The world of traditional Irish music certainly contains many wondrous stories and accomplishments for many who kept the tradition alive. Perhaps none are as fascinating as that of a young accordion player who grew up in Ruan, County Clare in the last quarter of the 20th Century and went on to become one of the most recognized and well-traveled musicians to hail from the Emerald Isle performing in five continents and over 20 countries in her illustrious career. We are talking about the petite box player Sharon Shannon who has lived large on so many grand performance stages throughout the world and on Irish Television shows at home.
And last week she chilled out a bit in Boston for three nights after facing the mega-audiences of the Dublin Irish Festival the weekend before and those of the huge Edmonton Folk Festival in Western Canada this past weekend. And your humble correspondent caught one of the shows at the popular Somerville, Massachusetts redoubt for Irish music, The Burren Pub.
Sharon Shannon first came to America to perform as a young 14-year shy youngster from the Banner Country with her siblings Garry, Majella and Mary as part of a traditional music ensemble called The Disirt Tola Ceili Band under the direction of Gearoid O’hAlmhurain. They were welcomed in Boston and New York by the Clare and Comhaltas stalwarts like the late Jack Whelan from Miltown Malbay who arranged gigs for them and housed them and looked after them as if they were their own family.
The young Sharon was drawn to the music and it was all she cared about, anxious to put school behind her in those days and play anywhere and everywhere that people were willing to pay a few bob for the jigs and the reels that her own family were known for. Sharon’s alternative educational route would be to follow to where the music would take her.
After high school she headed first for Doolin, which in the late 1980s was a popular gathering spot for musicians from all over Ireland and Europe and not just those from the traditional tribe either but rather an eclectic mix of musicos from the contemporary and world scene. When she moved up to Galway City and joined the Waterboys and eventually linked up with Donal Lunny her world was widening even more with broadening travel as well and her repertoire became international.
When she went out on her own, she was further able to pick and choose who she would collaborate with as her pattern of cross-fertilization was becoming her calling card in the field of Irish music. Through it all she kept things fairly simple when it came to music, if she heard it and liked it and could play it and please audiences around the world, then she could make a good living at the music which is all she ever wanted to do.
Sharon Shannon was a more frequent visitor to Boston than to New York, particularly for the Stonehill Irish Festivals which raised funds to build the Canton-based New England Irish Cultural Centre where she performed last Friday night for several hundred people. She remembered visiting the Burren Pub with the owners Tommy and Louise McCarthy, now her neighbors in Salt Hill, Galway much of the year just before it was to open and they would realize their dream of a pub dedicated to traditional Irish music. She has returned a number of times declaring it last week in mid-concert as “her favorite place to play in America” thanks to the genuine hospitality and treatment for Irish musicians as Tommy and Louise look out for their musical brethren and sisterhood.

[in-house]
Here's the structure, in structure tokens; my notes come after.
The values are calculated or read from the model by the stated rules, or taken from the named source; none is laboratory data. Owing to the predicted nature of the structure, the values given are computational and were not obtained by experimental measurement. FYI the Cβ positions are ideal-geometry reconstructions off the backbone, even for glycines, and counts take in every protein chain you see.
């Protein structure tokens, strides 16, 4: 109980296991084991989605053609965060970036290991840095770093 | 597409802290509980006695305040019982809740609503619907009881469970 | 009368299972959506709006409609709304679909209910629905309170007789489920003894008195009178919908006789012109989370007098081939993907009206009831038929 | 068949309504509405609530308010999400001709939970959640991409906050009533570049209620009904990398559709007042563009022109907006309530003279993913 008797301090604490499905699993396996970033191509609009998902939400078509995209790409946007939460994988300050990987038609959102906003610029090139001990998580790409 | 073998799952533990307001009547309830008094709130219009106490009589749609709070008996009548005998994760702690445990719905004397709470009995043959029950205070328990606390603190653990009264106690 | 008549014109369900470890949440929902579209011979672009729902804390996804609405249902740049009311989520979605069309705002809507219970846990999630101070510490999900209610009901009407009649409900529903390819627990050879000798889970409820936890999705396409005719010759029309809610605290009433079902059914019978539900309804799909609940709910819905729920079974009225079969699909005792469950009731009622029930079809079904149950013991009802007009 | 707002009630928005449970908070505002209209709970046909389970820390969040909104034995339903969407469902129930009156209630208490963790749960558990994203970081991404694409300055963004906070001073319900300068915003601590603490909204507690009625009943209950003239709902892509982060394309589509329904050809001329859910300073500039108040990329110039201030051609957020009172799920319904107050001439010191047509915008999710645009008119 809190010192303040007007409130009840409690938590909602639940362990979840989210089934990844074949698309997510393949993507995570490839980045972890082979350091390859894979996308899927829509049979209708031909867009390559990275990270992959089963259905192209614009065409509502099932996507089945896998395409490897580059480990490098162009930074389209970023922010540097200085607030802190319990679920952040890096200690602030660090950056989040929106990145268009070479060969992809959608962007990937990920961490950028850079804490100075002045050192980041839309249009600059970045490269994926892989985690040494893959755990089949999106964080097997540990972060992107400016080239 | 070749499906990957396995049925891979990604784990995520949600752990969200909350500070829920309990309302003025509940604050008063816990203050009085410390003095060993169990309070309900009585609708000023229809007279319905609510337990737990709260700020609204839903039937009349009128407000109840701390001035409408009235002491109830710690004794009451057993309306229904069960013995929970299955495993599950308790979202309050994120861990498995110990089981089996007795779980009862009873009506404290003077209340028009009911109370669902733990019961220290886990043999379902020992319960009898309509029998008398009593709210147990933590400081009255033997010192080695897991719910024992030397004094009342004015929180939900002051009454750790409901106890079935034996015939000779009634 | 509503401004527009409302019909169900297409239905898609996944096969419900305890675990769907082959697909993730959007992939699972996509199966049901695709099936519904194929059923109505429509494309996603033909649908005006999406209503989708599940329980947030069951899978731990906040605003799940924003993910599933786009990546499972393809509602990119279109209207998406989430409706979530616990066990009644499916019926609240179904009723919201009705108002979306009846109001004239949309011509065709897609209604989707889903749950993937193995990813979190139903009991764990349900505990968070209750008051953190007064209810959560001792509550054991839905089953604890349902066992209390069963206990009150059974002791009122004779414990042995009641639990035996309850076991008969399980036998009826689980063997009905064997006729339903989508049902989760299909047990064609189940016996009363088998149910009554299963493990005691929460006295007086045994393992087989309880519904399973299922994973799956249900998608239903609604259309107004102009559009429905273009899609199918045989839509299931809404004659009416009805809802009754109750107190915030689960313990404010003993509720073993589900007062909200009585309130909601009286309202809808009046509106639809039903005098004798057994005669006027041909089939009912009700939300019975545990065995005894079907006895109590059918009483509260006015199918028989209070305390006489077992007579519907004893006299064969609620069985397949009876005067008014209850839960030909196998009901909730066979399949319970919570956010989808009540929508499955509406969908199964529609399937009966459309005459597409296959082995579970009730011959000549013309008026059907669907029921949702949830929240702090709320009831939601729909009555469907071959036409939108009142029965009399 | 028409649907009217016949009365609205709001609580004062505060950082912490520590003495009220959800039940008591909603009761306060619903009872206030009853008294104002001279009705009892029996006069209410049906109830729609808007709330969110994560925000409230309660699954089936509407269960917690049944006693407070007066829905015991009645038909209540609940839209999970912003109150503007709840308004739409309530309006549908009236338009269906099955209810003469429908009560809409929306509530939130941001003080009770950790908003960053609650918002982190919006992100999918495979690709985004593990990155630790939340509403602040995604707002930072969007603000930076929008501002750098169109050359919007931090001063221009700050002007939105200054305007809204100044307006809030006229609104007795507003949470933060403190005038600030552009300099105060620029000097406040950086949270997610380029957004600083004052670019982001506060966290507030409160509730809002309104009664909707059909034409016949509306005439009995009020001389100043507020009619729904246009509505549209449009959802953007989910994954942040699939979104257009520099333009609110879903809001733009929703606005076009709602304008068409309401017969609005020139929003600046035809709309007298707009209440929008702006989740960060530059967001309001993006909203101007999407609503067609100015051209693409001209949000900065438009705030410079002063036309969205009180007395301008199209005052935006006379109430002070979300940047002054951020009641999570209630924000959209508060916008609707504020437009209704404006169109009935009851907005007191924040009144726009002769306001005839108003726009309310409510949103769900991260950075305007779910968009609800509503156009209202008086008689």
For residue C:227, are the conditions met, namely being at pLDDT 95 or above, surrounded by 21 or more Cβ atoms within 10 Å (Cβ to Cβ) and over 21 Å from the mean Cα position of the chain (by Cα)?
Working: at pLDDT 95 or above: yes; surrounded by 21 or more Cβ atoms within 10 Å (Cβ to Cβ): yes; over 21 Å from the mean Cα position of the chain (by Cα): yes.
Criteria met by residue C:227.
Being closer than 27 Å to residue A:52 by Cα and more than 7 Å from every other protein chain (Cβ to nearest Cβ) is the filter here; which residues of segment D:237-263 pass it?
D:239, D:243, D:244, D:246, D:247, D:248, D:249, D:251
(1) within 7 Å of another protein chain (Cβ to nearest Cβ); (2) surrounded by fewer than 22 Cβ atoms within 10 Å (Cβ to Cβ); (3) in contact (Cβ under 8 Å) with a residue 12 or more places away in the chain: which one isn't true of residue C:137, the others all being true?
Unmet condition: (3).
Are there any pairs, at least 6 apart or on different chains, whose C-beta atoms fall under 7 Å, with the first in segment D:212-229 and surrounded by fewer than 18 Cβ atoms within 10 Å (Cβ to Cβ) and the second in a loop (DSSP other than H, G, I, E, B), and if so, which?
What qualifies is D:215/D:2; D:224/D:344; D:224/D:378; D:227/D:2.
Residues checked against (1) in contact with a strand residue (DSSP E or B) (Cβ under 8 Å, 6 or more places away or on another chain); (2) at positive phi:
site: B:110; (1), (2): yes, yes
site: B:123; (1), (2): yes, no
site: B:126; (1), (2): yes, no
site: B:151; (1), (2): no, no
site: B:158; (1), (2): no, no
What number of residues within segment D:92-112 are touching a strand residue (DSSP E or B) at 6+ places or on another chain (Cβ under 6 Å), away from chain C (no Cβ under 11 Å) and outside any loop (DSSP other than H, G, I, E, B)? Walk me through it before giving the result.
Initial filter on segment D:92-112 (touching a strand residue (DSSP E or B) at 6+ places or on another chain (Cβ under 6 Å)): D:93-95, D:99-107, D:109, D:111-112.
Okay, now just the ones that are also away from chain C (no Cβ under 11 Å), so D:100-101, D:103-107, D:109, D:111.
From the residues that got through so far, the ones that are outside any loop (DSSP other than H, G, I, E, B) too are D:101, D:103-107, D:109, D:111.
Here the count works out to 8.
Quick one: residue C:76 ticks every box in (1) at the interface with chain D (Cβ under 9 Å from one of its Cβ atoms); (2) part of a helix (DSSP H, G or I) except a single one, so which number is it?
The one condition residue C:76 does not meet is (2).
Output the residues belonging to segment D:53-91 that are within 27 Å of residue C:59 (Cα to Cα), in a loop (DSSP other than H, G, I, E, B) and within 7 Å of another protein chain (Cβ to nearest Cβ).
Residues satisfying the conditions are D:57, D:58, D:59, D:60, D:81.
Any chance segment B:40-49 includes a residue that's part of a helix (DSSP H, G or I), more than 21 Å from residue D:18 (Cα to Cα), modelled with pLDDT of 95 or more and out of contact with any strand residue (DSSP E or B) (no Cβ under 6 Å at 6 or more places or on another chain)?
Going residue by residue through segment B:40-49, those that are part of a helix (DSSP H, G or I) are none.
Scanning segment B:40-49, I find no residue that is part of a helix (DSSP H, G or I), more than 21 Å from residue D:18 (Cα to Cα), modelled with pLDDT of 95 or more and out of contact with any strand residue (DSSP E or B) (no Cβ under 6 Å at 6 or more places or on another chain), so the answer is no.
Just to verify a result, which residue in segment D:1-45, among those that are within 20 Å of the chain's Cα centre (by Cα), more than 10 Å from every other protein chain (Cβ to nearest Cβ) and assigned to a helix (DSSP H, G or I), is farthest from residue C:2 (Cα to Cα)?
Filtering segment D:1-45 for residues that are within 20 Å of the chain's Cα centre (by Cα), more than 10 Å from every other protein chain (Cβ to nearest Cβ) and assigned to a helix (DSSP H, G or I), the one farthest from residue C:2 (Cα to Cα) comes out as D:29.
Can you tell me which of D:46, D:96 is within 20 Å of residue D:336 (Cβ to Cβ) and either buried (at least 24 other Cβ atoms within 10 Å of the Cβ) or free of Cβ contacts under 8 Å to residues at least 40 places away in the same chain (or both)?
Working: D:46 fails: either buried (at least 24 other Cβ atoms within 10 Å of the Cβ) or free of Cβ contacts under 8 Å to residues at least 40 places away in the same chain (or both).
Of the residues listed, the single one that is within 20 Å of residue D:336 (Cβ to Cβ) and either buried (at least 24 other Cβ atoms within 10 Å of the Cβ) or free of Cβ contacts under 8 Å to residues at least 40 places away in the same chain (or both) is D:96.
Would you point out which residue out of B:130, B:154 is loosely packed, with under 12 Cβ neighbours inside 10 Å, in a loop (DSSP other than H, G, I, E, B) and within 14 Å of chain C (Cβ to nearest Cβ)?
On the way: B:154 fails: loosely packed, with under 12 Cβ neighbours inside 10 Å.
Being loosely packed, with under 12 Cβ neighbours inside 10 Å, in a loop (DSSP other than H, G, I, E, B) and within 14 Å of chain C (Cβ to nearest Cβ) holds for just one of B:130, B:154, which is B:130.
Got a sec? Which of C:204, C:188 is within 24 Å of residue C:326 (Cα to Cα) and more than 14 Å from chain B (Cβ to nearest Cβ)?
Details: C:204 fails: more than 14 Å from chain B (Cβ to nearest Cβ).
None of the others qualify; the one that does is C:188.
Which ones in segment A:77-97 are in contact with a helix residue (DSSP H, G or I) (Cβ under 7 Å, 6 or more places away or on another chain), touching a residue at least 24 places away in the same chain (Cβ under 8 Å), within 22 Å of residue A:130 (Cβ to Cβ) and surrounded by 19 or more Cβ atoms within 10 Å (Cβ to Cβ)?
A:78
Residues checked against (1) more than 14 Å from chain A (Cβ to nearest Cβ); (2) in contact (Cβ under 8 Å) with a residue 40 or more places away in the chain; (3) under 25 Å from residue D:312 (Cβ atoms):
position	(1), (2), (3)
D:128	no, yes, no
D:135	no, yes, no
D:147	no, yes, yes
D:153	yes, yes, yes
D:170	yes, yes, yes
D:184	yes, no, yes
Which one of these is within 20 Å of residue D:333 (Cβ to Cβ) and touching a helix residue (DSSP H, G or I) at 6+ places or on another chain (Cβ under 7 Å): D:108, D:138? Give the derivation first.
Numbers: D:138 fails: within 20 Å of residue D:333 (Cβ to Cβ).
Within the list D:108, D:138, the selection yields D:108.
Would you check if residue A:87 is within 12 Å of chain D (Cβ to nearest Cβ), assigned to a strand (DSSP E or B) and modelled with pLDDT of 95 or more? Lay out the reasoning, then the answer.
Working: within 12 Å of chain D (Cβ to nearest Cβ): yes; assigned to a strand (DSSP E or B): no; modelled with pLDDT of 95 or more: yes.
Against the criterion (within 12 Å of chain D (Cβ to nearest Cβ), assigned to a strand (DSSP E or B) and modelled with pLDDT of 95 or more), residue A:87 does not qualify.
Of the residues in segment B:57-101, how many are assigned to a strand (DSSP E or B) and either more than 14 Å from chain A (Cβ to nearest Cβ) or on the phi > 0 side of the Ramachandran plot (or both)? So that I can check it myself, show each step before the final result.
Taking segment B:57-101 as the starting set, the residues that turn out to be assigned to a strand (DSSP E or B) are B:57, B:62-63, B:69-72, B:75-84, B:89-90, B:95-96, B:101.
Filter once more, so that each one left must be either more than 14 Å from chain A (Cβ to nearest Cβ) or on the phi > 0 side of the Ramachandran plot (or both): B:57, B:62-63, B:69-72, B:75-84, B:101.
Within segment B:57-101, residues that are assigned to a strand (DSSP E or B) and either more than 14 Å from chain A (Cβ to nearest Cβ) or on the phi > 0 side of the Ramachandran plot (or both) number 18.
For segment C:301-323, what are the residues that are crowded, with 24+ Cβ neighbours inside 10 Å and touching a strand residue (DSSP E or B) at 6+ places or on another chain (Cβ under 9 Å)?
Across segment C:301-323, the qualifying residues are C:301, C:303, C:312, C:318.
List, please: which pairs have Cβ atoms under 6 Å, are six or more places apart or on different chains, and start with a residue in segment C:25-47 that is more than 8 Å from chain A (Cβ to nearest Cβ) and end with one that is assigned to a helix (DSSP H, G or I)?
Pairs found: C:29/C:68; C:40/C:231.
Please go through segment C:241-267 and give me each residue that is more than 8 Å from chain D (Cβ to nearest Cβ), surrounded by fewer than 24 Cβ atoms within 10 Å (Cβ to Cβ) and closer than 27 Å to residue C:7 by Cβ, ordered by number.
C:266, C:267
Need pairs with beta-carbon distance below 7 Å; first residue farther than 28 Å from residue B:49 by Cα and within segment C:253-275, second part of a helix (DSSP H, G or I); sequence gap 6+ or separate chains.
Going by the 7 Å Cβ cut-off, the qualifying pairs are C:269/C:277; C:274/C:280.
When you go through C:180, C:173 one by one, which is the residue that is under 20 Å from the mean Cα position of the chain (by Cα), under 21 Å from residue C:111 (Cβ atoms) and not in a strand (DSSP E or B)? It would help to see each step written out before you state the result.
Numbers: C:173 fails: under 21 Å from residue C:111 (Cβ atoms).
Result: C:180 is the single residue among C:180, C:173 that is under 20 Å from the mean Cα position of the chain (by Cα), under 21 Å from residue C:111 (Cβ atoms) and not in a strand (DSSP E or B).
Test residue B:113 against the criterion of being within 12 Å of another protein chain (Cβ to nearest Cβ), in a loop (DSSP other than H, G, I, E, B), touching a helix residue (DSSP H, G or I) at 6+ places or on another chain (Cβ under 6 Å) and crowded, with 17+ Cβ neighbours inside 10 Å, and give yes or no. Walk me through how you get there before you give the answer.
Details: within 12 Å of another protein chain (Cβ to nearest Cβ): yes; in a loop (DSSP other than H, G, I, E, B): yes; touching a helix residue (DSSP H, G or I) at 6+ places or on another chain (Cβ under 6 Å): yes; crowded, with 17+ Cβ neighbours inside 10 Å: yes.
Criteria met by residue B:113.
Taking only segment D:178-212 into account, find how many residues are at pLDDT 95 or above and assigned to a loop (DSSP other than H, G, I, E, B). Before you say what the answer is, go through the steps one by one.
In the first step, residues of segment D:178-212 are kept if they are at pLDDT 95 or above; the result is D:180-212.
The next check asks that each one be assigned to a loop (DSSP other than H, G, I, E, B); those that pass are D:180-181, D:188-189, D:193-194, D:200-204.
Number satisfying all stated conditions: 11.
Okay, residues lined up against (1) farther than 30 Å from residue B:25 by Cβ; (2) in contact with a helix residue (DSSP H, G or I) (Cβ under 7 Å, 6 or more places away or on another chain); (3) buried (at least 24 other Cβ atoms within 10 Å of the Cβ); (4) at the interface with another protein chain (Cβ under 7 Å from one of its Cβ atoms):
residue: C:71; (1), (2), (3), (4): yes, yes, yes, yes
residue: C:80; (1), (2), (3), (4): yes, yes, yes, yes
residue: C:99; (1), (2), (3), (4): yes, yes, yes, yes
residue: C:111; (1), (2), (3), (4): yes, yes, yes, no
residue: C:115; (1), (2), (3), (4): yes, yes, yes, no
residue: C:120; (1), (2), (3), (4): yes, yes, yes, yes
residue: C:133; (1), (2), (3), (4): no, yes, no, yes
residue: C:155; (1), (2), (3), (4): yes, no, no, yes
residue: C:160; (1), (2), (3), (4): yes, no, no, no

Traveling along with her these days on tour is a scaled down crew with the more familiar guitar accompanist Jim Murray from West Cork who has played with her over the years and many other notable Irish trad musicians and relative new comer Alan Conner on keyboards and electric guitar. The youthful Dubliner is a savage musician whose keyboard fireworks stoked the button accordion magic Shannon provided in dynamic fashion all night and at times found a more subtle way to enhance Shannon’s musical choices. The scintillating trio produced a big sound in the small backroom that was easily more enjoyable than at a large impersonal festival setting and it led to four sellouts at the Burren.
The visit to the Burren Pub on Wednesday and Thursday of last week was built into the Burren Back Room Series with two separate seatings each night to allow for more tickets to be sold and the demand met given the hundred seats that the room comfortably allows for these intimate showcases. Emcee Brian O’Donovan wears two hats here as a producer of the live show and also the presenter for segments that will later appear on his Celtic Sojourn radio program heard weekly on WGBH (89.7 FM) and online at www.wgbh.org.
For those not lucky enough to garner a seat at the Burren, the shows could be viewed via Concert Window (www.concertwindow.com) the new online channel meant to share live music with a broader audience and offer unlimited worldwide exposure to an artist or venue. There is a mutual appreciation for Burren Owner Tommy McCarthy for this new promotional technology and also for Concert Window founder Dan Gurney who is also a musician who went to Harvard for teaming up in this fashion to place a brighter spotlight on this sanctuary for Irish music.
Even a 14 year old child could hardly envision what adventures and changes she would experience over the last three decades.